I’m Spending a Lot On Uber—Should I Buy A Car?

It is time to buy a car? Here's how to find out.

It’s time to talk cars, pals.

Specifically, when does it make sense to buy a car? (Trust me, you do not know where this is going.)

I got a really, really great question by email a few weeks ago, asking whether or not I thought it was time for them to buy a car. They were looking at their Uber receipts, you see, and realized they spent a not-insignificant amount Uber-ing around town to avoid the cold and get home from holiday events (which is totally fair and, based on quality of life alone, I’d say a good investment. Ottawa was not warm over the holidays.)

It was enough that they were wondering if it was time to buy a car.

And my answer?

Nah.

For a bit of context, I do have a car, so this is not some personal-finance-hates-cars rant. But it’s also not a never-take-an-Uber-or-spend-money rant.

Instead, I just want to look at what you’d need to consider to make this decision for yourself, even if you’re staring down what feels like an excessive amount of Ubers or cabs.

Is this a normal spending pattern?

First and foremost, if you’re spending $1000 a month on Ubers, and that is a consistent pattern every month of the year, holy heck just buy the car! You will save money. Unless you are so rich that you can pay $1000 a month for convenience (which FYI is very, very rich) then buying a car is a no-brainer.

But for most people—and specifically, the one who emailed me—this is a seasonal thing. Especially in Canada, where oh boy, do we ever get seasons.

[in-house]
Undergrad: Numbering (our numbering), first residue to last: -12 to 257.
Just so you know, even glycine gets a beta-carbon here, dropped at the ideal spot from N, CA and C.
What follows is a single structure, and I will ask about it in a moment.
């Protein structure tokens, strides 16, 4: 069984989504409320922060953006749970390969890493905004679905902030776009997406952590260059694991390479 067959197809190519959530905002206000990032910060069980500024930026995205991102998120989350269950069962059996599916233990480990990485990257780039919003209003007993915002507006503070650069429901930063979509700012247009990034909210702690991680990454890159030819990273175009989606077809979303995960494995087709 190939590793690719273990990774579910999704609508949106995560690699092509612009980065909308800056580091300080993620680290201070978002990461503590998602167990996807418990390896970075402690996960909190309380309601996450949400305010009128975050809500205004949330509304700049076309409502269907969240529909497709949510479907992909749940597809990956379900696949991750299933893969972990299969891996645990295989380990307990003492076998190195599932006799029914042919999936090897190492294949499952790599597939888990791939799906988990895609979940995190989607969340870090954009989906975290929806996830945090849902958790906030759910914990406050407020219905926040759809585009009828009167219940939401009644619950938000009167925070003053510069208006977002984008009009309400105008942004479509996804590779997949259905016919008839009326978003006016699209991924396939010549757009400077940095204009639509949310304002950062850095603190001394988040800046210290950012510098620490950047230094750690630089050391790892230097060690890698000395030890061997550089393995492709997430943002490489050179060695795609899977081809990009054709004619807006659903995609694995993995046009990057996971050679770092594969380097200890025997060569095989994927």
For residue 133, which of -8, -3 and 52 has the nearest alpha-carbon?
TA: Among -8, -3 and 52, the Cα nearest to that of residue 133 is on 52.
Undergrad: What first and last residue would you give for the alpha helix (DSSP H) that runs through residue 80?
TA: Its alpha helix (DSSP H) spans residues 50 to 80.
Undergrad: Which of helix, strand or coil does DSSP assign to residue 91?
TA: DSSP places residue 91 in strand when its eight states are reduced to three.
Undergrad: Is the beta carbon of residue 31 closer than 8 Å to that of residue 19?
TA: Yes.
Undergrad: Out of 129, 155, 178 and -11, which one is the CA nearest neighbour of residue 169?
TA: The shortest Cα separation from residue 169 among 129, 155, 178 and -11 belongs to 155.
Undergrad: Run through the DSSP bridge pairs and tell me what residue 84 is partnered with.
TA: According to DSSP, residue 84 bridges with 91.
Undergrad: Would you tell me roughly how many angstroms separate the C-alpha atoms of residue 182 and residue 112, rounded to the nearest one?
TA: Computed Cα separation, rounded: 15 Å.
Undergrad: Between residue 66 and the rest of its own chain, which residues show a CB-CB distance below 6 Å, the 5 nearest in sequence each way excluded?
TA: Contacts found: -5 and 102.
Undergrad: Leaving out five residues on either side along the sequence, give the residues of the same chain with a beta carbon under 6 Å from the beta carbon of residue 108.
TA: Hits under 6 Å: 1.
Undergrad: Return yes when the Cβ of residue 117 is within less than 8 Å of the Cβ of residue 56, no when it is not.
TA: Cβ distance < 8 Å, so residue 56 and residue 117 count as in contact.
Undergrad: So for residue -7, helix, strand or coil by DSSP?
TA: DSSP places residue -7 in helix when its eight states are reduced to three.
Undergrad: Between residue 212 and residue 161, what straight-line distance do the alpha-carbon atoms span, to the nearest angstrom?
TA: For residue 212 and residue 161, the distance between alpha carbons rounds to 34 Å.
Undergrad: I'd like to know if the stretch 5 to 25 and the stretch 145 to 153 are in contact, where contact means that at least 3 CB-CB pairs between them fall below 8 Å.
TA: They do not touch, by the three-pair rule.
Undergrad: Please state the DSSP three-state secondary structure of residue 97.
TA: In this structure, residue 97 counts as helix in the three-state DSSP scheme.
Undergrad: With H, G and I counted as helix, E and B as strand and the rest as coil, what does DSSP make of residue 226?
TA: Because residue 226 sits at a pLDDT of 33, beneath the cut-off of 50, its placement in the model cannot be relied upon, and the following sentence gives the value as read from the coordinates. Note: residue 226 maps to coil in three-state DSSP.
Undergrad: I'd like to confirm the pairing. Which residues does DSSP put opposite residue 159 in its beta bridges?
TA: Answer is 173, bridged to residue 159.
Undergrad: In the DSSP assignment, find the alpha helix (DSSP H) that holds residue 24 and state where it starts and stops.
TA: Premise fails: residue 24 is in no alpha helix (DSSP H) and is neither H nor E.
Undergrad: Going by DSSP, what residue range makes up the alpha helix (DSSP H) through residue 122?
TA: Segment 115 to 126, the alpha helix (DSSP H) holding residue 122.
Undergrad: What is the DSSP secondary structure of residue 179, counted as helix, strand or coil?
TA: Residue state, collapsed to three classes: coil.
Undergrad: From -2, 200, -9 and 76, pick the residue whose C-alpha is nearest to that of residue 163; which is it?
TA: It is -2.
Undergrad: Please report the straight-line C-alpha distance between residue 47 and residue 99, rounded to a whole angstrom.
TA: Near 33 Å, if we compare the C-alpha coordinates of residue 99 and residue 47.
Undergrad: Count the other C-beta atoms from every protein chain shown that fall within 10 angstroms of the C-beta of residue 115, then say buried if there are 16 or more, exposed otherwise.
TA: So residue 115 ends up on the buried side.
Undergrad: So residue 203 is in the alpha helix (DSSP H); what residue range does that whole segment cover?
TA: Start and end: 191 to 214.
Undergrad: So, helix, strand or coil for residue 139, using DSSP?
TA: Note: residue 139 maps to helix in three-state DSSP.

Let’s say that for three months out of the year, the weather is bad enough that you end up taking a disproportionate amount of convenience cars, like Ubers. The rest of the time, you’re happy to spend a bit of extra time waiting for public transportation, or biking, because the air doesn’t hurt your face.

That immediately tells you that what feels like a very high level of spending right now isn’t a forever thing. That information will be helpful as you look at how much it’ll really cost you to own a car full-time (and whether it’ll be any cheaper).

How much does owning a car really cost?

Here’s the thing with owning your own car: you have that car every month, regardless of whether it’s nice enough outside to bike everywhere, or you’re on vacation for two months every year and you leave the country (a girl can dream).

So even if the winter months show a spike in your transportation costs, you need to consider it against the relentless, ongoing costs of car ownership. (Can you tell owning a car is something I do because my lifestyle requires it, not because I’m particularly jazzed about cars?)

Here’s what you’d need to estimate, with some example numbers based on literally no science and just the ranges I have paid or experienced in Ottawa. Be prepared to be horrified if you live in a small town, and jealous if you live in Toronto.

  • Gas: $100 a month, which is about two tanks of gas. Two and a half? Something like that.
  • Car Payment: $300 a month, unless you bought your car in cash, which is a feat in and of itself.
  • Insurance: $100 a month, but maybe less (or more!) I’ve lived through both.